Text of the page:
If you’ve been following along on our blog, you know we’ve already covered two different types of variable compensation: single rate commission and multiple rate commission. Now we’re moving on to another type of compensation called bonuses. In the coming articles, we’ll cover single rate bonuses, multiple rate bonuses, and milestone bonuses, and the pros/cons of each.
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What you need to know about single rate bonuses
Though they are sometimes used interchangeably, bonuses differ from commissions. While a commission is a percentage of a currency, a bonus is a set amount of money earned for doing something specific. This can be anything from selling a certain product to setting a meeting to hitting your quota.
The most basic format of bonuses is the single rate bonus. These are sometimes called spiffs or incentives, a single rate bonus is a set amount of money (say $100) for doing a specific action (say selling Product A) that doesn’t change based on how many times you do that action.
Examples of single rate bonus plans
An Account Executive is expected to sell 30 security systems per quarter and is paid $500 for each system they sell.
A Sales Development Representative has a monthly goal of setting 25 meetings and earns a $100 bonus for every meeting that occurs.
A Sales Manager is responsible for coaching and promoting their reps, so they get a $2,000 bonus for every salesperson on their team that gets promoted.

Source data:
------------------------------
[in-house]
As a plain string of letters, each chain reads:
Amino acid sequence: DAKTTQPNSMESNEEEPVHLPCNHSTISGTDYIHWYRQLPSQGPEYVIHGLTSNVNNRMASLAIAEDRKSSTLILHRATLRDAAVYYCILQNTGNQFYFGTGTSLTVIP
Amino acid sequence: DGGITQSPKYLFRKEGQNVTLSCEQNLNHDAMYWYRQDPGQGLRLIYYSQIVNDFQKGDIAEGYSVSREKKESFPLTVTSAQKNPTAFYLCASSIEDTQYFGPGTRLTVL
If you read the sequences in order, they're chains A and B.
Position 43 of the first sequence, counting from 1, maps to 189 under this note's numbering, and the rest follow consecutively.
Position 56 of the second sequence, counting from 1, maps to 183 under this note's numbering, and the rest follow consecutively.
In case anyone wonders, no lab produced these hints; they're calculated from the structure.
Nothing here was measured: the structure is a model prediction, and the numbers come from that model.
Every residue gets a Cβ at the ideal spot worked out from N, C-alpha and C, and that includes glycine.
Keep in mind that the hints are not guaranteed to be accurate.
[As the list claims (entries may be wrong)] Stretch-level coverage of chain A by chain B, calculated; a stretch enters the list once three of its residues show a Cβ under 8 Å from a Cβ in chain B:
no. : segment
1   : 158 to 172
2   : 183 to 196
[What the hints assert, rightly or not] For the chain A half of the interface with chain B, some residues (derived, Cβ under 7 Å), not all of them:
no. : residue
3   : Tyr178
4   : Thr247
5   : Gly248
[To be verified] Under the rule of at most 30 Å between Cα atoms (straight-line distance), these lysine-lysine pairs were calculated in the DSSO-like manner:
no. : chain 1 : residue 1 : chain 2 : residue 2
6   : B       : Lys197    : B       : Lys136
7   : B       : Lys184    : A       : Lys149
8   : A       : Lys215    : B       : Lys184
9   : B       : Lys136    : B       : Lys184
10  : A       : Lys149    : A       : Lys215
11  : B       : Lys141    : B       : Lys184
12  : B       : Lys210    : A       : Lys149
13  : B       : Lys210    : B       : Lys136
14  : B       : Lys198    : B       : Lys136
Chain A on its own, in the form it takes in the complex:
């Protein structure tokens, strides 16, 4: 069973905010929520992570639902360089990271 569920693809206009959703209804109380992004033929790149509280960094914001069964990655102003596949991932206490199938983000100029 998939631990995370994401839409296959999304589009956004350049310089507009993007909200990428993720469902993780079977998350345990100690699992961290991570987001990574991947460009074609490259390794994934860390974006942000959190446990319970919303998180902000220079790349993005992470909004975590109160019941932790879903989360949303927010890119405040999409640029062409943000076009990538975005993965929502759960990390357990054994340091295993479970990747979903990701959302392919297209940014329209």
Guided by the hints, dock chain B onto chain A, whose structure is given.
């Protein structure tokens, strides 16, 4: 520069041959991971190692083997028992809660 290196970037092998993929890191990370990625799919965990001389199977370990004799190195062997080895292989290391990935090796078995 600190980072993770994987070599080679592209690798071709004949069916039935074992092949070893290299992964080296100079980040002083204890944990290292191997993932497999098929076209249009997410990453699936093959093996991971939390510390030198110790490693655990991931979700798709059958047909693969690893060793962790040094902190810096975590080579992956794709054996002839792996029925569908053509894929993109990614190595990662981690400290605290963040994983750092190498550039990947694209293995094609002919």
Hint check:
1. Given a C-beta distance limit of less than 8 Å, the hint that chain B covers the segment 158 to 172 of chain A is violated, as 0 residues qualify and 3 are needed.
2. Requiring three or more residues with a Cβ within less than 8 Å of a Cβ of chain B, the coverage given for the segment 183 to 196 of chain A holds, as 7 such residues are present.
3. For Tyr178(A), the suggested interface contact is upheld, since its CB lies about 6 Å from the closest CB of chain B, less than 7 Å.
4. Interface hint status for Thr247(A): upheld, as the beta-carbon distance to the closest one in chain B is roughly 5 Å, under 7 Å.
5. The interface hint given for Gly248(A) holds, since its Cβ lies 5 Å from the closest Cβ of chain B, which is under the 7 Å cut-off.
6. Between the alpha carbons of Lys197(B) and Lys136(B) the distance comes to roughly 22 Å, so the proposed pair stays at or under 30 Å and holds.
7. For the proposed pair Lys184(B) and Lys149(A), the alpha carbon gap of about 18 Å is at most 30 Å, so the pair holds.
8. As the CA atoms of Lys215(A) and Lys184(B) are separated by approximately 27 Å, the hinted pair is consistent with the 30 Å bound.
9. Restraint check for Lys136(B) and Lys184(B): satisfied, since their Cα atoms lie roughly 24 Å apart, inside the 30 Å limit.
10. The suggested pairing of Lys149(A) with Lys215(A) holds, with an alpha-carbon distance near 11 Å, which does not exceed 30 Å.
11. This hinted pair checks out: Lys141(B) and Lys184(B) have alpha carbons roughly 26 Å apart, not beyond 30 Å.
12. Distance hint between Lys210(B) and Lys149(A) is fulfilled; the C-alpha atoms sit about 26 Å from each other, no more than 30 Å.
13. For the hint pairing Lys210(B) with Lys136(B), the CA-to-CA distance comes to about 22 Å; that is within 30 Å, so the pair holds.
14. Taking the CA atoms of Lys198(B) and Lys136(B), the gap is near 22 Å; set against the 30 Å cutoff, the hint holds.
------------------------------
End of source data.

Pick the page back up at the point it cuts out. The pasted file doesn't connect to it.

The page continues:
Pros of single rate bonus plans
Easy to explain. Even if you have a crazy bonus amount (like $3.45 per cold call made) it’s very simple to explain that for every action, there is a specific outcome. This can be motivating if it’s something that they have a lot of control over (for example, setting meetings or selling a certain product).
Can be changed without much issue. Because salespeople generally do the things you pay them the most to do, it’s easy to change behavior by simply increasing or decreasing the bonus you pay them. If you realize you need to set more meetings this year, you can easily double the value paid for a meeting. You might not see twice as many meetings, but you’re certain to see an increase!
Cons of single rate bonus plans
It doesn’t account for discounting. If you give your sales team any leverage to discount your products and you pay a set amount for each item sold, your reps have no reason to not discount — hurting your average sales price.
Overly simplistic. Lots of organizations reward for overperformance, which is something that can motivate sales reps to sell more, SDRs to set more meetings, and customer success to focus on renewals. However, with single rate bonuses, you don’t have accelerators to help you with that.
QuotaPath handles 90% of comp plans, so whether your company has a single rate bonus plan or something a lot more complex, you’ve come to the right place! Beyond the known benefits